It was therapeutic to chain piece the blocks while binge watching something on Netflix. It’s easy to get lost in a series when you blocks to piece. This stack is lovely.
If you haven’t made a scrappy Irish Chain quilt, add it to your list. With 2″ scraps, your block finishes at 5″. I tend to keep a stack of Kona White 5″ blocks around for just this situation.
The quilt top came together easily. I struggled to pick the right backing for this project. As I started this quilt I envision using Kona Robin’s Egg blue on the back. While digging around for another project’s scraps, I found a pink and green stripe that complimented the front. What to do? Thanks to Instagram and Facebook, my original idea won.
Kona Pomegranate was also found while digging around. It was perfect dark pink to coordinate with all the other colors.
Let me ask again, “Why did I wait so long to try free motion quilting?” Being able to quilt something in just a couple of hours is liberating. It’s not perfect and that is okay.
My original vision came together into this lovely quilt. Girly, colorful, and scrappy. There are now just tiny pieces left of Marmalade in my scrap tubs.
Are you looking for an easy scrap quilt? Don’t hesitate to look at a postage stamp quilt as an option. Since I keep my scraps cut into squares, making a postage stamp quilt is quick and easy. Let’s jump into how I make a scrappy baby postage stamp quilt.
Creating a color palette that works together with a good amount of variety is my first priority.
From my 2.5″ scrap bin I grabbed yellow, neutrals, green, aqua, navy, brown, orange, and gray. Mixing in prints, novelty, and solids. If I think they coordinate, they make the piles. As the colors and prints are spread out you may not notice that one that didn’t fit.
When working on a postage stamp quilt, I find that chain piecing is the best way to go. I’m striving for a random layout on the quilt top. Grab from yellow and gray, then brown and green, and just keep going around. Once I have 10 sets (20 squares) pieced I begin pairing them up yet again. Ultimately I’m just sewing one long strip of 20 squares. Repeat that 18-24 times for the top. 18 rows is a smaller baby quilt and 24 rows is a better size.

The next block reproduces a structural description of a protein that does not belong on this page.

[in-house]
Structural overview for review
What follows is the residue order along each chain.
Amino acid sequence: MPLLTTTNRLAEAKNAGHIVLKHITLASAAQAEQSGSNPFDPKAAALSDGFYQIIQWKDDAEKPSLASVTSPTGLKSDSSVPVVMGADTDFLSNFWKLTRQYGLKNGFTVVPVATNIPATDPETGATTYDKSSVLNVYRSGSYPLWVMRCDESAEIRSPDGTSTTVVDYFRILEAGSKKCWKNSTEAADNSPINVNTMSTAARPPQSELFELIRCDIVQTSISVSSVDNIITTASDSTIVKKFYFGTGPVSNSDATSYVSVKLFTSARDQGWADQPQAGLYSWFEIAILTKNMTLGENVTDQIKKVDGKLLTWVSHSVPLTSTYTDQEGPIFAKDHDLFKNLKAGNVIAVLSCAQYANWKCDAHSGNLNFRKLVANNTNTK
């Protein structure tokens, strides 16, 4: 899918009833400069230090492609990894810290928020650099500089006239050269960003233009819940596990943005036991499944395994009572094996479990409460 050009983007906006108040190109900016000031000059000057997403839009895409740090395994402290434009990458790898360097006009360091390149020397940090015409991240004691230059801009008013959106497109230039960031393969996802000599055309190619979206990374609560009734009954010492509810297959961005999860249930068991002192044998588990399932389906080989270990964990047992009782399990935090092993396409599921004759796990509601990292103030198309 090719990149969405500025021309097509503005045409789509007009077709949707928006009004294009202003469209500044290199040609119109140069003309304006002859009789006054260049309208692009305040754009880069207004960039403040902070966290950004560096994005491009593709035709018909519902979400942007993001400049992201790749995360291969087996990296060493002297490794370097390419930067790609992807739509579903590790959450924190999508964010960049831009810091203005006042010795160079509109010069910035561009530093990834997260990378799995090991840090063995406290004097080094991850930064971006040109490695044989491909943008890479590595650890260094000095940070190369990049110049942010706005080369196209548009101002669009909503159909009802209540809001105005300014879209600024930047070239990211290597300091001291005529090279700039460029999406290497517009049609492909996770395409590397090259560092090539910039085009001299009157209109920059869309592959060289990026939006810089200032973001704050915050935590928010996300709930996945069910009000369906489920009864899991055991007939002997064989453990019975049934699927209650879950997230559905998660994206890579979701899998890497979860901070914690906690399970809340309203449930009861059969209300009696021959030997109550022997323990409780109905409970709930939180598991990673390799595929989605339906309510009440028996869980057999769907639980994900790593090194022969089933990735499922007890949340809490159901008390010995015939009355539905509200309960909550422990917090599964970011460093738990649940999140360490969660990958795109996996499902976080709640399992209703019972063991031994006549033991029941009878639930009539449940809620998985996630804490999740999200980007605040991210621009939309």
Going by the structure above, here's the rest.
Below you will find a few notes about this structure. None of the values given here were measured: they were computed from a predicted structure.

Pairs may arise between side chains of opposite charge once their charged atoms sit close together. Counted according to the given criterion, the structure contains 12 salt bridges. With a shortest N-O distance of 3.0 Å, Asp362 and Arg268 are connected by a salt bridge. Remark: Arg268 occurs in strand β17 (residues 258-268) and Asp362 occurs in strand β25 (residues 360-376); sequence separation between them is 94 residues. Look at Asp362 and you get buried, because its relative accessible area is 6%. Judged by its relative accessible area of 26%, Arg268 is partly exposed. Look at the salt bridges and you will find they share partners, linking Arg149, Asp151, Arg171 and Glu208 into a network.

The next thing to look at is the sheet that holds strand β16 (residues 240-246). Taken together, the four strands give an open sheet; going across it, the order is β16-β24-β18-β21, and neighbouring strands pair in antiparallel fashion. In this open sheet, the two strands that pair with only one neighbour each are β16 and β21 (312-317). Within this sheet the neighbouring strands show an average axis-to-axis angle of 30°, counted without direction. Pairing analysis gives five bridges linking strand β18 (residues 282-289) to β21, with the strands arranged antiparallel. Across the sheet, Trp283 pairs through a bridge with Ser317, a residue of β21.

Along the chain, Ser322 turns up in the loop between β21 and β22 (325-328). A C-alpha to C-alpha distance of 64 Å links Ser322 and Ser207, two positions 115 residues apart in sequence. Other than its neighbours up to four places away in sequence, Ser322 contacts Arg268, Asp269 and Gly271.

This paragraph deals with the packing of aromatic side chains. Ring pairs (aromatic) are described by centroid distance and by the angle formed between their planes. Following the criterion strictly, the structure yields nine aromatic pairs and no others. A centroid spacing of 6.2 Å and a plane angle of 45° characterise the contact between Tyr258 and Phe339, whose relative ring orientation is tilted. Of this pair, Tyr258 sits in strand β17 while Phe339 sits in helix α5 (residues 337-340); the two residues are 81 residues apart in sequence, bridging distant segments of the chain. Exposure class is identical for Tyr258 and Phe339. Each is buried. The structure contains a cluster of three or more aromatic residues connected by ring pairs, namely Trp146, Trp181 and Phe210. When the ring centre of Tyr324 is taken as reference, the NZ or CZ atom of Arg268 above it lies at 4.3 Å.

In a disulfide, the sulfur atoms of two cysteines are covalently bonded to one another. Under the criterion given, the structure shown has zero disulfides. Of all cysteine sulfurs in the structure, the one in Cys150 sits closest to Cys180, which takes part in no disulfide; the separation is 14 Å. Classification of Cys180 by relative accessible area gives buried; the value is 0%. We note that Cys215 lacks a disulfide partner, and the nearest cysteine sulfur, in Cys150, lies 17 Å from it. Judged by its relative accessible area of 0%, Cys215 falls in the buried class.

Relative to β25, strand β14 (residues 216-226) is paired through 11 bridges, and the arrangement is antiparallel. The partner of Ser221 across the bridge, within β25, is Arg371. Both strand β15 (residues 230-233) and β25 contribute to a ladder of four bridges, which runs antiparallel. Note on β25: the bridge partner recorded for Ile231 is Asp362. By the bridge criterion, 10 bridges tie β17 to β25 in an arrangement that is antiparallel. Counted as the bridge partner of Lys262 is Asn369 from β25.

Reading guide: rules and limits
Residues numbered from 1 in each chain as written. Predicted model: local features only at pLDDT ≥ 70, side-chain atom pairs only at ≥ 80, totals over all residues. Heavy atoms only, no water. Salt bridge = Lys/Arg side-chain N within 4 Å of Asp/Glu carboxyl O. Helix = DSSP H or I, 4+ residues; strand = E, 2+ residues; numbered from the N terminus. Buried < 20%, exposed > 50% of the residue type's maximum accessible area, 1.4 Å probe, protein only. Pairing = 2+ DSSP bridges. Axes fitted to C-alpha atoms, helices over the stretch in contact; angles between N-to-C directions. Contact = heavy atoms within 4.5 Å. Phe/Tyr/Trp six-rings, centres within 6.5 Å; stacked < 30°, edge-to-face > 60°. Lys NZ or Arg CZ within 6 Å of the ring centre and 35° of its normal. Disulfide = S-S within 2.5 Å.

Pressing and Sewing Rows Together
I grab the starch and spray each row. Next I press all my seams the same direction and then flip one row to create nesting seams. Sew the nested rows together and repeat 3-4 times. From there begin flipping and turning rows to nest together and get to the desired length. Some colors and prints may line up next to each other over the rows and I think that is okay.
Once all the rows are sewn together, head back to the ironing board. Spray starch the entire top. At this step I like to press all my sewn rows the same direction on the back of the quilt top. Then, I turn it over and press again on the top. This helps to flatten the top and smooth things out.
Thank you for the comments when I posted the top. A comment was made about the concentration of brights in the middle. That’s what happens sometimes when I got for random. I didn’t really see it but I do now that it was mentioned.
Backing and Binding
Within my stash I found a green and blue variations on polka dots. Maybe they are circles, but does it really matter? They coordinated well and used some pieces I had leftover from other projects. The binding is a blue polka dot I have had stashed away. You’re going to see it again on an upcoming quilt. I thought why not just make up some binding with this. Done!
I prefer straight lines in a coordinating thread on the diagonal of each square. With this method I can keep quilting as I get to the end of a line, just flip around and start a new line all the way to back to the edge. Quilting takes no time, unless I run out of bobbin thread.
Since I love creating scrappy postage stamp quilts, I’m mulling the idea of hosting a QAL later this fall. Would you be interested? Let me know in the comments.